Assertiveness: why you might not be getting what you want

When we say ‘I can’t be bothered’, sometimes it’s because it’s easier than saying ‘I’m afraid’. Photo by Roberto Nickson on Unsplash

Jade felt trapped in a kind of self-made prison.  She was aware that she wanted to make more friends, but she couldn’t bring herself to take the steps necessary to get them.  Every time she thought of joining a new social group or activity, she looked at websites, but things stopped there.  She didn’t do that extra step to commit to anything.  She experienced a kind of fear whenever she thought about doing it.  So she stayed where she was, feeling lonely, stuck in her own home.

Harry wanted a pay rise.  He had seen others at work get promotions and raises, but he was known as the predictable one, the one who would always turn up and do his job anyway.  He was terrified of damaging his position of trust in the company, and so he held back from expressing his dissatisfaction.  He just put his head down and got on with it.  Friends would tell him to push for more money, but when he thought of doing so, he experienced fear, and so he backed off.  Harry stayed in his job for twenty years.  Same salary, same terms, same everything.


Assertiveness is the ability to influence your surroundings, even if those surroundings don’t at first want to cooperate with you.

I admit, ‘surroundings’ is a funny word to use.  Why don’t I just say ‘the ability to influence people’?  The reason is that often it’s a good place to start, if you start on things rather than people.  For those with social anxiety, it can be extremely hard to go out and influence.  It can be better to start on manageable things.  Decorating the home, doing the garden, cooking… there are many, many activities which provide a passageway to assertiveness, without jumping in at the deep end.  Once confidence is built, social confidence can come more easily.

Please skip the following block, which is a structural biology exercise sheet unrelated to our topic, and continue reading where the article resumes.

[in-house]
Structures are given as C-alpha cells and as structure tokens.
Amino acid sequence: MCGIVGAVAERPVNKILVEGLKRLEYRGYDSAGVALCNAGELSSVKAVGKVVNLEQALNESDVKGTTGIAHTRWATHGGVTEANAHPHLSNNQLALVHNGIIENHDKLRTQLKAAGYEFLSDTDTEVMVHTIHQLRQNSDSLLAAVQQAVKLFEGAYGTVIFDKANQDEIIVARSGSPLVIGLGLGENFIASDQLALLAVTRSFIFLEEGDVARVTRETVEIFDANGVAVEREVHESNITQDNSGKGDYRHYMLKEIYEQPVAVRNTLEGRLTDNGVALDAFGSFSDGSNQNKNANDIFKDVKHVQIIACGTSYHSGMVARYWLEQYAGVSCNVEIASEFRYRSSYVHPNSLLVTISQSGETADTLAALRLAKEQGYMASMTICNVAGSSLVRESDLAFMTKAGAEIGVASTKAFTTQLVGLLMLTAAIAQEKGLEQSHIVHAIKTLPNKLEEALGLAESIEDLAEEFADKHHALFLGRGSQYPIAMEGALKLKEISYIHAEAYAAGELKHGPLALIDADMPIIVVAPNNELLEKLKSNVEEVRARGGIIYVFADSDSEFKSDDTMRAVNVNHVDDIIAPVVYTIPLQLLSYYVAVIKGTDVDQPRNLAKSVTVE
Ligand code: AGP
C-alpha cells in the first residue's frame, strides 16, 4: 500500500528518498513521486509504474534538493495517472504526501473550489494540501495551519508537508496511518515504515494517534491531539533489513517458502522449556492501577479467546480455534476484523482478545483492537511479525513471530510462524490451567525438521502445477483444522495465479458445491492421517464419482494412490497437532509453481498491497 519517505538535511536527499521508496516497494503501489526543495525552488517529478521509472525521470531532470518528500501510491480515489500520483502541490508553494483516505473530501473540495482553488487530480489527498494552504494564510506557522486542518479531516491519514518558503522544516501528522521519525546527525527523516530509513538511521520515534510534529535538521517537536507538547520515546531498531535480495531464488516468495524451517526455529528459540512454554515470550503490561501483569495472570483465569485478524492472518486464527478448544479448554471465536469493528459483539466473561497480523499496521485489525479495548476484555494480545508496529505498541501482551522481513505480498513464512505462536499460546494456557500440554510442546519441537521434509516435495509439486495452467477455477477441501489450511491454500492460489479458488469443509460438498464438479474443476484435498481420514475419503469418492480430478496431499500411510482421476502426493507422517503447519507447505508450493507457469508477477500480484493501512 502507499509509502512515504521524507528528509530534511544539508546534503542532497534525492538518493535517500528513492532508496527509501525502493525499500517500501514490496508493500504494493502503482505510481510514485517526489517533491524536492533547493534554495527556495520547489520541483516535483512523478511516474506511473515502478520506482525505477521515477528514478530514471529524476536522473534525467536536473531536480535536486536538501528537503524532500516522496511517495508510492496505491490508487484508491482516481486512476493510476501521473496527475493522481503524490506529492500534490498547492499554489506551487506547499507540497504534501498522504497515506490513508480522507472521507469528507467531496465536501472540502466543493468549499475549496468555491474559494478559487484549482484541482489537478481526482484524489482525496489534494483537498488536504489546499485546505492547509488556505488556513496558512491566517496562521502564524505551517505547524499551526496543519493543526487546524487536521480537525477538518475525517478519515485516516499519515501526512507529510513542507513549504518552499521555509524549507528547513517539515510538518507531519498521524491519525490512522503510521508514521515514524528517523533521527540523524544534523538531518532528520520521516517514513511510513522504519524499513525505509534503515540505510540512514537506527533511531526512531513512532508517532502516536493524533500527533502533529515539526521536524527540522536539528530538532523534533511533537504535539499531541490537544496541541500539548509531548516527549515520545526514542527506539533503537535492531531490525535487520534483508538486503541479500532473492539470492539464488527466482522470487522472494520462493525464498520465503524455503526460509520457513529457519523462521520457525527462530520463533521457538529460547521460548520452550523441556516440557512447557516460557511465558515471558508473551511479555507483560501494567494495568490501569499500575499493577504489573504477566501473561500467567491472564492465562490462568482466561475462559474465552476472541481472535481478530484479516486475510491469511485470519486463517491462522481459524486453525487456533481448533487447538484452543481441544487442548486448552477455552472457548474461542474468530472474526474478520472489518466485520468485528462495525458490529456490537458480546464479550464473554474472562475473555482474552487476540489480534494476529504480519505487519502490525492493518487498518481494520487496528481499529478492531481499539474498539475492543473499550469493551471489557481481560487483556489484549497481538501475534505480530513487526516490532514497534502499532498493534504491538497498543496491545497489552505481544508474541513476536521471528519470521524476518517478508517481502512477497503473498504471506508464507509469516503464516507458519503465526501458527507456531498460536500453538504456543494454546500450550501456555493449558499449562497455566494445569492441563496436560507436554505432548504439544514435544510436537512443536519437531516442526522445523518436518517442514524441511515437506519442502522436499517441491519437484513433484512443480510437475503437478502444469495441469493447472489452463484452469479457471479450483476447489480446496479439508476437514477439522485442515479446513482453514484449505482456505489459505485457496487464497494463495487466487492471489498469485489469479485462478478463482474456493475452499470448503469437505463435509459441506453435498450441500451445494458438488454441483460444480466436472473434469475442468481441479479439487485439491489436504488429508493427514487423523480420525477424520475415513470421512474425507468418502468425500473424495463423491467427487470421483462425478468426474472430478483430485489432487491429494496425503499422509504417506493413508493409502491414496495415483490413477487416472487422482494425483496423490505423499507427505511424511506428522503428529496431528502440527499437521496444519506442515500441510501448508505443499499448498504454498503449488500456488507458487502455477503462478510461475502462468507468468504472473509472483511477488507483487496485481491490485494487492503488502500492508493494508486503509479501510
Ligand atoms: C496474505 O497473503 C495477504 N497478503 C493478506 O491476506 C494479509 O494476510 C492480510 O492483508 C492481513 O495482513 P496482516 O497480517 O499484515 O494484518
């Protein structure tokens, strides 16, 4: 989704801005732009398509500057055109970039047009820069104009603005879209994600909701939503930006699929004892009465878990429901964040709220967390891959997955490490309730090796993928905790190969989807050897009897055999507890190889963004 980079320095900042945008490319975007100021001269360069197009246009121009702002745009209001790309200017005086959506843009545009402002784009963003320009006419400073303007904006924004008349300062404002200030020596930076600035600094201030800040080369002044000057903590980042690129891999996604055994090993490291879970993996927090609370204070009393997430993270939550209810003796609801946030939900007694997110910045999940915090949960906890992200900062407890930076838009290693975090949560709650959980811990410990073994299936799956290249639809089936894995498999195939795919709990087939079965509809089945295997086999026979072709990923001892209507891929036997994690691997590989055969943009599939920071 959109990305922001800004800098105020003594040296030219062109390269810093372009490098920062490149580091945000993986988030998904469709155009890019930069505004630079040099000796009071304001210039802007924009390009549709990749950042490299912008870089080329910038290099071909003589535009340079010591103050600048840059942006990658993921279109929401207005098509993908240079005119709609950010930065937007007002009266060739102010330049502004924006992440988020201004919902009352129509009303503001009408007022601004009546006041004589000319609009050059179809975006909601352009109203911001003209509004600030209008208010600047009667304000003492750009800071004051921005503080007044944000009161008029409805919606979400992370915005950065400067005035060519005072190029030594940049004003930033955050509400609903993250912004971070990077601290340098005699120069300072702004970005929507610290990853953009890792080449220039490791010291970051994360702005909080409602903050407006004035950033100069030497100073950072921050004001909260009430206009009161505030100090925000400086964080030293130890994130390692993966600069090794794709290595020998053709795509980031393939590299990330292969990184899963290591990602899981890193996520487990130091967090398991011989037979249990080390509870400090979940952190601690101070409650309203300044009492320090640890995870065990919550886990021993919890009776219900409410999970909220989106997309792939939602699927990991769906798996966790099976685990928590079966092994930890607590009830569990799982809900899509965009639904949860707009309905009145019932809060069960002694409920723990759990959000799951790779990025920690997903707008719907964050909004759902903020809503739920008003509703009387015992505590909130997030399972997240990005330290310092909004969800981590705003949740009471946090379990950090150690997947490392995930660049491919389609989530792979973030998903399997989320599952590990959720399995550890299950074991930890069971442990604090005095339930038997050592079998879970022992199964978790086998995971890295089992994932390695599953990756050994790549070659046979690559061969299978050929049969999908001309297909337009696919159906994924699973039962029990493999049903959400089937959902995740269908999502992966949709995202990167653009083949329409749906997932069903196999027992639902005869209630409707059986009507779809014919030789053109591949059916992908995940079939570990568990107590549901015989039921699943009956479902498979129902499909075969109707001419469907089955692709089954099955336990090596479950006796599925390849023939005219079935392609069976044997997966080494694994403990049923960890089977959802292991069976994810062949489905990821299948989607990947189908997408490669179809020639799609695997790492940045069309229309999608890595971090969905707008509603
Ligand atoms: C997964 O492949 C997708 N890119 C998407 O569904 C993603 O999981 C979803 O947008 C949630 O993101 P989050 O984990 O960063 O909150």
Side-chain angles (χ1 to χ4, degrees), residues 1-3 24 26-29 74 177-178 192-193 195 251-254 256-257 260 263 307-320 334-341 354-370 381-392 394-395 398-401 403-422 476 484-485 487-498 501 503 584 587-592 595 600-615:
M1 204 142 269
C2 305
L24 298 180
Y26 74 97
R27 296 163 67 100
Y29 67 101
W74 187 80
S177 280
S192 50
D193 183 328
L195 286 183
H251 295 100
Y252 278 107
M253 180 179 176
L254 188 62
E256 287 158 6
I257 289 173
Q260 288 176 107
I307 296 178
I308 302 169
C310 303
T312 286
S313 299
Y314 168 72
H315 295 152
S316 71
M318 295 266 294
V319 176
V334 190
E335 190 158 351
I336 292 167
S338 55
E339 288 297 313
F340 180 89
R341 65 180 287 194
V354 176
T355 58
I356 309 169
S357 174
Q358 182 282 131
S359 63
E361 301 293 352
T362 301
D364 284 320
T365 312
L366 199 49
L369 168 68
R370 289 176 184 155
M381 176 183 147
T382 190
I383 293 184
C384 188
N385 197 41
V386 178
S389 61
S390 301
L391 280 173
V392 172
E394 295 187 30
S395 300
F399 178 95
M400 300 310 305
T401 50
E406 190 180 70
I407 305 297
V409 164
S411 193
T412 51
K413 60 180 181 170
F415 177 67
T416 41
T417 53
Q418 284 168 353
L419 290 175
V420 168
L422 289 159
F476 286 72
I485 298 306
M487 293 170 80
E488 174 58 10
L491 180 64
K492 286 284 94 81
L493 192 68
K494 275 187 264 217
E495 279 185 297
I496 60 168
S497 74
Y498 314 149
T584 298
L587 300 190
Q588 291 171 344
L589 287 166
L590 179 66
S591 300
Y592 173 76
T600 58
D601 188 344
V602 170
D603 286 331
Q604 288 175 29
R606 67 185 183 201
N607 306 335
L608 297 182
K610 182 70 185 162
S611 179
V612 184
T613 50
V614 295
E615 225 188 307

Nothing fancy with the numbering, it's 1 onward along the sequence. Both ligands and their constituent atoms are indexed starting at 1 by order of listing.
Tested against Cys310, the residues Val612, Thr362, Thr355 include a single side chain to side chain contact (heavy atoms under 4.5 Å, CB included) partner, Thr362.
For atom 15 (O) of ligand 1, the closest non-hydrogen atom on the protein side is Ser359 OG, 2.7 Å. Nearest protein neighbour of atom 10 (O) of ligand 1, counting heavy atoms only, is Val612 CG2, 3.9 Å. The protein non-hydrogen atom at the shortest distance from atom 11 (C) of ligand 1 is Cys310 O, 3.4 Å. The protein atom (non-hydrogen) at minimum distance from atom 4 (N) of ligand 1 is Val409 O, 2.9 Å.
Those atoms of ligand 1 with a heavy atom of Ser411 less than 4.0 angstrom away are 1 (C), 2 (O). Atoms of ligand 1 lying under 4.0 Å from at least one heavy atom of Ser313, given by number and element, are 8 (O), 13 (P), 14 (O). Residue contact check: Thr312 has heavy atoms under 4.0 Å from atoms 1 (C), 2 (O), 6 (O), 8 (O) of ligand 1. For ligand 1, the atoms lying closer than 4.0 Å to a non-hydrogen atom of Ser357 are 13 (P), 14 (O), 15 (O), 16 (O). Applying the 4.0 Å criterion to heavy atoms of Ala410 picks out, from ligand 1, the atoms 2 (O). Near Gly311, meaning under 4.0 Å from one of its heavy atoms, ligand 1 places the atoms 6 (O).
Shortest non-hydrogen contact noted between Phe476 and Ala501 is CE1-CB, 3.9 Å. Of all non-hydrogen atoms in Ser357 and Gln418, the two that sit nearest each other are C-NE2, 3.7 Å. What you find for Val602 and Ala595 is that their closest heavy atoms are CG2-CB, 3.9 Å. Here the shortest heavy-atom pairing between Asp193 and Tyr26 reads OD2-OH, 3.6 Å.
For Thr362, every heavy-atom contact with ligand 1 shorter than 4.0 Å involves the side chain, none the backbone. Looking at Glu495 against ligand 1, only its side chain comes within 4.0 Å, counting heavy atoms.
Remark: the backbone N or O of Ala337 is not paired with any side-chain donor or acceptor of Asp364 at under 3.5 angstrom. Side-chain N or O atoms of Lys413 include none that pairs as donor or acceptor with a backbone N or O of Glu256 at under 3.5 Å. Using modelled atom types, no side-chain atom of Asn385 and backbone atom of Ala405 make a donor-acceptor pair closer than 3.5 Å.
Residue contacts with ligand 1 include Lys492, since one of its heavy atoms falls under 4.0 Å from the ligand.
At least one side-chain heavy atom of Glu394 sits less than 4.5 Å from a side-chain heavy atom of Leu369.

The critical difference, when you become more assertive, is that your world moves to suit your requirements, rather than you having to adapt all the time to suit your world.


Often your fear of making progress can disguise itself as laziness.  It’s much easier to say to yourself ‘I can’t be bothered’, than it is to say ‘I’m afraid’.  It’s very subtle.  We can drift to watching the TV, and then get into a boxed set.  We can drift into having another coffee, or browsing on social media.  We can tell ourselves we are just being lazy, but fear is often a better underlying explanation.

Here is one clue that this is happening…  Do you sometimes find that, when you try to start on a project, you suddenly become weirdly tired?  Or weirdly anxious?  Or weirdly confused?  Or even weirdly and suddenly depressed?  This is your system reacting to the new venture by trying to pull you back into old habits.  It’s not just laziness… it’s a kind of self-defence against the risk of action.


I can’t know what your world contains right at this moment.  But I can bet that it contains a number of things you’d like to get done.  For many of them, you are dependent on other people.  here is my suggestion for making a start.

  1. Identify one thing you would like to be different in your life.  It could be anything you like – a home improvement, an increase in income, a change in someone else’s behaviour, or even something very simple like a piece of tidying up, or a small change in your own daily routine.
  2. Write it down.  This makes you accountable for what you are saying to yourself.
  3. Then write down, in order, the first three actions you can think of… things which begin to make those actions happen.
  4. Start by doing the first thing on the list.
  5. If you can’t do that, break that first thing into smaller components.

This 5-stage process is designed to create momentum, forward-moving energy.  It’s difficult to make a start on things you’re unconsciously afraid of.  That’s why you haven’t made a start yet.  But hold yourself accountable, and see what movement you can begin to create.  You may be surprised.


Assertiveness is a necessary skill.  Lack of assertiveness can leave your life poorer, with a smaller social circle, and fewer resources.

Assertiveness does not have to be social.  Especially if you are shy or lack confidence, you can make a start on assertiveness by doing things rather than directly contacting people.  This can make it easier to move to social assertiveness later on.

Sometimes we say ‘I can’t be bothered right now’, and drift into alternative activities, like social media.  But underneath, we might be afraid of making a change.

To make a start, identify one thing you would like to be different in your life.  Find three things you can do to begin to make that happen, and make a start with the first thing on the list.

Good luck.